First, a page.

Abstract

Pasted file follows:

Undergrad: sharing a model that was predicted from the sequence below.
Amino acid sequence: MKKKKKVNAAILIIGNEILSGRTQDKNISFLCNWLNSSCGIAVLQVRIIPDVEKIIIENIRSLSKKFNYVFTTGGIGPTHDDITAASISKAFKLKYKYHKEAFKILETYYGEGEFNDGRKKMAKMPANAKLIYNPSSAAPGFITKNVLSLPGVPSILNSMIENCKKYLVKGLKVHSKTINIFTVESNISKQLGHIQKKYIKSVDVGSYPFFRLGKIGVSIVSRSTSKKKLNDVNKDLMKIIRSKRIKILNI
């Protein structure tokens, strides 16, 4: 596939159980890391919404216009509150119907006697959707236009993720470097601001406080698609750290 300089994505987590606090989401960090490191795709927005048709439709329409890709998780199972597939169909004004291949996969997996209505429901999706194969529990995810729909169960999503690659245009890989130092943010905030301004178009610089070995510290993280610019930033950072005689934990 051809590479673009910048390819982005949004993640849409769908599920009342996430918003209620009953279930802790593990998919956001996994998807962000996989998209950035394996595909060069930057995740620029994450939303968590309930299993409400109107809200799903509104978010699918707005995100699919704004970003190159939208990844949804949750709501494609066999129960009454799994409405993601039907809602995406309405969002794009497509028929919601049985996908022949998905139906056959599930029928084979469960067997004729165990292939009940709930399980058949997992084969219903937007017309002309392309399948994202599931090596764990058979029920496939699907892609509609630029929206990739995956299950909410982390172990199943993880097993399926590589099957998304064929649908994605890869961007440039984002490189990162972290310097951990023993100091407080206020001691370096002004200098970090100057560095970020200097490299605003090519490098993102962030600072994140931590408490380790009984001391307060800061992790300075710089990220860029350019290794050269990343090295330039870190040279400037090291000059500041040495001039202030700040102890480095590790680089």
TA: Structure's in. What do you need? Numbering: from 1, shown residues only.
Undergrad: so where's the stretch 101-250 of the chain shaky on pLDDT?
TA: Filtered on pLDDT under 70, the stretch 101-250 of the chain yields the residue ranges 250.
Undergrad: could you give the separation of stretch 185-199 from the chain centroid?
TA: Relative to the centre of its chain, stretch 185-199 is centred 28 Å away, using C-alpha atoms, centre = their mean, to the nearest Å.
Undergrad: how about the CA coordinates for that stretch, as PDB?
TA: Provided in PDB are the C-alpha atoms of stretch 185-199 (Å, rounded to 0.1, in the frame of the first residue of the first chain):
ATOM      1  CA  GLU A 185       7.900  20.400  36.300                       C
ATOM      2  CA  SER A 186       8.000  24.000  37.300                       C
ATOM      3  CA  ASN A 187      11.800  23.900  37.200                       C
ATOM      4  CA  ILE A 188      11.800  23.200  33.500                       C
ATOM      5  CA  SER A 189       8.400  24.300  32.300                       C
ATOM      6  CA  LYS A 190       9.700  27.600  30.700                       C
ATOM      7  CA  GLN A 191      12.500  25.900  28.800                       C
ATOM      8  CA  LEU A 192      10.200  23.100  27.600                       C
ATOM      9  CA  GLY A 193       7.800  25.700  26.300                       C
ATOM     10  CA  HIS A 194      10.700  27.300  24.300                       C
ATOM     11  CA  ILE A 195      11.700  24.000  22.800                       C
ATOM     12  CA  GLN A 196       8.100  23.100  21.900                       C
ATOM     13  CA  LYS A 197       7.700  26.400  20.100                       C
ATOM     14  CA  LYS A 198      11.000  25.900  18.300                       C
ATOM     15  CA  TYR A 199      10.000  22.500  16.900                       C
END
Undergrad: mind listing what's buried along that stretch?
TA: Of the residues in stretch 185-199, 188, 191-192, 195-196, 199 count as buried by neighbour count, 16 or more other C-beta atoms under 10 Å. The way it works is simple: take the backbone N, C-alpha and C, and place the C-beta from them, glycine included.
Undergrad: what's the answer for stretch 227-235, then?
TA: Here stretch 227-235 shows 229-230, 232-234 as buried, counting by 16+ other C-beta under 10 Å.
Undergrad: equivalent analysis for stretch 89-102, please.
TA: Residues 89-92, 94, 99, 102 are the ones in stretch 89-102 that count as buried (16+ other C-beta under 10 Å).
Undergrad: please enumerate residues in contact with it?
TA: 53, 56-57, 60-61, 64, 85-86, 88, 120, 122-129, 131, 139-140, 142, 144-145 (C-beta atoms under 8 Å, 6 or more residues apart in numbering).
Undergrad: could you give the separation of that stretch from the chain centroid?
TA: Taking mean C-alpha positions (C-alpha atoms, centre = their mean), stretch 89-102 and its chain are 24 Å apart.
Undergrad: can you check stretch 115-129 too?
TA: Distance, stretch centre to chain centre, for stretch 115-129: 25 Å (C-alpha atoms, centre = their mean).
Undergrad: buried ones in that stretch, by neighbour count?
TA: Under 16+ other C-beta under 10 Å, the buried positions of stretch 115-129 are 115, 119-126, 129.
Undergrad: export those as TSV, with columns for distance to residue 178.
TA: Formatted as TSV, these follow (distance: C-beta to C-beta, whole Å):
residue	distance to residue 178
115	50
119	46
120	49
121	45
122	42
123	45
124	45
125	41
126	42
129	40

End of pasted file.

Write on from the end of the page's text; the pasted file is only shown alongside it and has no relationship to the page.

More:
This study examined the effects of instruction, delivered in a special education classroom, to improve classroom behaviors and support the emergence of social skills in an inclusive classroom for two fourth grade male students with behavioral concerns. The intervention consisted of peer mentoring, interactive social narratives, video modeling and technology-aided instruction. Effectiveness of the intervention was determined using multiple baseline design across three behaviors and analysis of student interviews and journals. Results indicate that classroom behaviors improved and students reported changes in themselves, increased motivation, and emerging friendships. Implications for using evidence-based practices to improve social functioning of students with behavioral difficulties in an action research study are presented.

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